In addition to Title 18, the federal tax evasion statute, 26 U.S.C. § 7201, allows for prosecution of companies that have fraudulently obtained or fraudulently used PPP loan funds as well. In many of these cases, the DOJ is working with the Internal Revenue Service’s Criminal Investigation division (IRS-CI) to build cases for prosecution.
“Companies and individuals accused of fraudulently obtaining PPP loans, or even submitting fraudulent applications for PPP loans, can face substantial penalties. The DOJ is pursuing charges for bank fraud, wire fraud, and other crimes in these cases, and these charges carry substantial fines and long-term imprisonment.” - Dr. Nick Oberheiden of Oberheiden P.C.
Given that the DOJ is prosecuting PPP loan fraud under these pre-existing criminal statutes, the penalties that are on the table in PPP loan fraud cases are substantial. For example, the federal bank fraud and wire fraud statutes both carry maximum penalties of a $1 million fine and 30 years of federal imprisonment. In cases involving allegations of PPP loan application fraud, charges under 18 U.S.C. § 1014 and 18 U.S.C. § 1349 can also carry a $1 million fine and 30 years behind bars. The other Sections of Title 18 listed above carry lesser penalties, but the maximum sentences still include substantial fines and years or decades of incarceration. In criminal tax evasion cases under 26 U.S.C. § 7201, possible penalties include a $100,000 fine (for individuals) or a $500,000 fine (for businesses) and up to five years of imprisonment.
Another possibility for companies accused of PPP loan fraud is prosecution under the False Claims Act (FCA). The False Claims Act is unique from the statutes listed above in that it includes provisions for both civil and criminal enforcement. The DOJ routinely pursues civil and criminal cases under the False Claims Act in matters involving fraud targeting other government benefit programs (i.e. Medicare and Medicaid), and it has signaled that it intends to use the False Claims Act to prosecute PPP loan fraud in appropriate cases as well.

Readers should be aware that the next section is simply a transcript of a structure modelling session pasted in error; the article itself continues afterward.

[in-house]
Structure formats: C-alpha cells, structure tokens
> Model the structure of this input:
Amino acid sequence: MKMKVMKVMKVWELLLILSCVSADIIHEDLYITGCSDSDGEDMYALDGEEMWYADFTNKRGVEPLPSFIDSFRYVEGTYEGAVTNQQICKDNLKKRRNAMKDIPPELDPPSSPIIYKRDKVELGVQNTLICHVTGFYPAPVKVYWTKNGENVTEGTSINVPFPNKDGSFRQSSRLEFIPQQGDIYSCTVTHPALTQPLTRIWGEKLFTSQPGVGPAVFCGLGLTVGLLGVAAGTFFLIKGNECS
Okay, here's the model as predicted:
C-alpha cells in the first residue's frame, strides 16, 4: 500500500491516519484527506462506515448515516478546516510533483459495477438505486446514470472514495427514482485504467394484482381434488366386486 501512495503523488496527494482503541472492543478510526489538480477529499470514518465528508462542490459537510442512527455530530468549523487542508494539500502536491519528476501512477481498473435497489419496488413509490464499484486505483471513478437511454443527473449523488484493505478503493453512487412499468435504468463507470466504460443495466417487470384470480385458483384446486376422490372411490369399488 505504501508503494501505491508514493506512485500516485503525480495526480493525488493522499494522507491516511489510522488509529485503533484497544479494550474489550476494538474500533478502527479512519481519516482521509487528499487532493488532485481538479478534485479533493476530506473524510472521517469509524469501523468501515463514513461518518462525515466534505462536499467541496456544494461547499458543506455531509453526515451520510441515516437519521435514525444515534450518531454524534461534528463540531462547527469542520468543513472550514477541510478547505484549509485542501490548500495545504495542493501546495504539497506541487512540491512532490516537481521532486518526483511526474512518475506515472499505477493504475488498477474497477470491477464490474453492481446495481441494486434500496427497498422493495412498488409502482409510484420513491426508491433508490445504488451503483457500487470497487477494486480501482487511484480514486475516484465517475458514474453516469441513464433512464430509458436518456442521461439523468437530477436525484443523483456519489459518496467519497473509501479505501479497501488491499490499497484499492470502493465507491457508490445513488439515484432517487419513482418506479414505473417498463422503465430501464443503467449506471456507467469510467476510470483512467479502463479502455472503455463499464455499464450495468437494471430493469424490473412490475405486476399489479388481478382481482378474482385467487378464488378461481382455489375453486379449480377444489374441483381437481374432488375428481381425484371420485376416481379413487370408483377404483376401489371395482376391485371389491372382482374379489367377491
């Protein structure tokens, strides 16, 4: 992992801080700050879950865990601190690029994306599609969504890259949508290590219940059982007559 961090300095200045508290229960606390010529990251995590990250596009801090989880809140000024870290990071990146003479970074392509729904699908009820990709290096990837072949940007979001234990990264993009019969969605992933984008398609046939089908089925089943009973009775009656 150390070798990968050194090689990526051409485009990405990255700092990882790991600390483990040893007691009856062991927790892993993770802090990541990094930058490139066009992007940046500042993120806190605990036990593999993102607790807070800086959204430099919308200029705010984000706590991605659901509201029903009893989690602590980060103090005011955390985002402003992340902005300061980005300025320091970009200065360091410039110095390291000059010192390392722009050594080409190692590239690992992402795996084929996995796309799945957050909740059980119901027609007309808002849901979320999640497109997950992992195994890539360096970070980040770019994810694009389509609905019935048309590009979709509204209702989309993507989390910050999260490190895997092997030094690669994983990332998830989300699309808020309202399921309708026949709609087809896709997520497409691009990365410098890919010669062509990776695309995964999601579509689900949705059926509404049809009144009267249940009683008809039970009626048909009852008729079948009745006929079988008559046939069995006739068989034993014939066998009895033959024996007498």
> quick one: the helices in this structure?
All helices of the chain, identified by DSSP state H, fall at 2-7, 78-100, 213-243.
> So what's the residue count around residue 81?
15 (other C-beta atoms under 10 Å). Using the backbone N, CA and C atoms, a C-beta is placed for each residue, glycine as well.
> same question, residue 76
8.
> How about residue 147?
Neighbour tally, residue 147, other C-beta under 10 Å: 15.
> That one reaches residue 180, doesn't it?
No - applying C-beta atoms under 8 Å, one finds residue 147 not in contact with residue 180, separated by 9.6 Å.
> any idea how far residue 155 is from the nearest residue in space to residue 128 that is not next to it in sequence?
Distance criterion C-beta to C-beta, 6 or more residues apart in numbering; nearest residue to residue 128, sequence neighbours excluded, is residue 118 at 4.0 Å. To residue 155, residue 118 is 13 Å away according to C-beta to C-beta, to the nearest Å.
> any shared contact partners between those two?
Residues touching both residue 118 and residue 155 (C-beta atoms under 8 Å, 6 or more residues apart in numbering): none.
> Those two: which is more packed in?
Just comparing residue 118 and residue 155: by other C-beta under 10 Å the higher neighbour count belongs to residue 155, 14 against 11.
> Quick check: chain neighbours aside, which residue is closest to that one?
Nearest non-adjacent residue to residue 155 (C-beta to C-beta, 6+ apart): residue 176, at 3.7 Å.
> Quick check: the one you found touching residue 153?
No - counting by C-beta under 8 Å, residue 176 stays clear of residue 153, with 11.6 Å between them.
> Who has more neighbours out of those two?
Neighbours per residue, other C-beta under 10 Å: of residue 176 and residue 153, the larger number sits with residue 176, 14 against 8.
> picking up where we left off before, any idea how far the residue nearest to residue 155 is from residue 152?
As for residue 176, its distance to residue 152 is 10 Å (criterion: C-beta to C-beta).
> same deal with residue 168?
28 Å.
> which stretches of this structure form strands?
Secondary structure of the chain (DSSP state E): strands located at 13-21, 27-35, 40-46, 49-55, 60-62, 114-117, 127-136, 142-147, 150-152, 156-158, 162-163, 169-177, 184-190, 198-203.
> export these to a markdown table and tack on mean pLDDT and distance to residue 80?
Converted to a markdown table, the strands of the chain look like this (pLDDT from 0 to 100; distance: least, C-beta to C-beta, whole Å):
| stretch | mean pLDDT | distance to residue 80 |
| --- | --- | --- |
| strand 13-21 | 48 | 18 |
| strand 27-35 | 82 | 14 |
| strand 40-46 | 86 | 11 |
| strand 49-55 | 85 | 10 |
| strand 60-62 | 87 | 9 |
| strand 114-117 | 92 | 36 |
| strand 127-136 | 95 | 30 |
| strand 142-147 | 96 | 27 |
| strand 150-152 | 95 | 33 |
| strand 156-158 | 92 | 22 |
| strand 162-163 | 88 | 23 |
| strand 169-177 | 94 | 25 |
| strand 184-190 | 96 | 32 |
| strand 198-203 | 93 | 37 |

Under the civil enforcement provisions of the False Claims Act, potential penalties include treble damages and fines of up to $23,331 per false claim. Individuals and companies can also face liability for the government’s costs and legal fees as well as exclusion from participation in federal benefit programs. In criminal cases under the FCA, defendants can face fines and prison time which can range widely depending on the scope of the allegations involved. This, of course, is in addition to repayment of the amount fraudulently obtained under the Paycheck Protection Program.
Due to the potential for civil prosecution under the False Claims Act, when seeking to avoid prosecution and sentencing for PPP loan fraud, business owners and other loan applicants must be careful to avoid relying too heavily on the defense of lack of intent. While lack of intent is a defense to criminal culpability, it is not a defense to civil liability under the FCA. In general, when facing allegations of PPP loan fraud, individuals and businesses must approach their situation cautiously, and they must execute carefully-tailored defense strategies based upon the specific facts and circumstances at hand.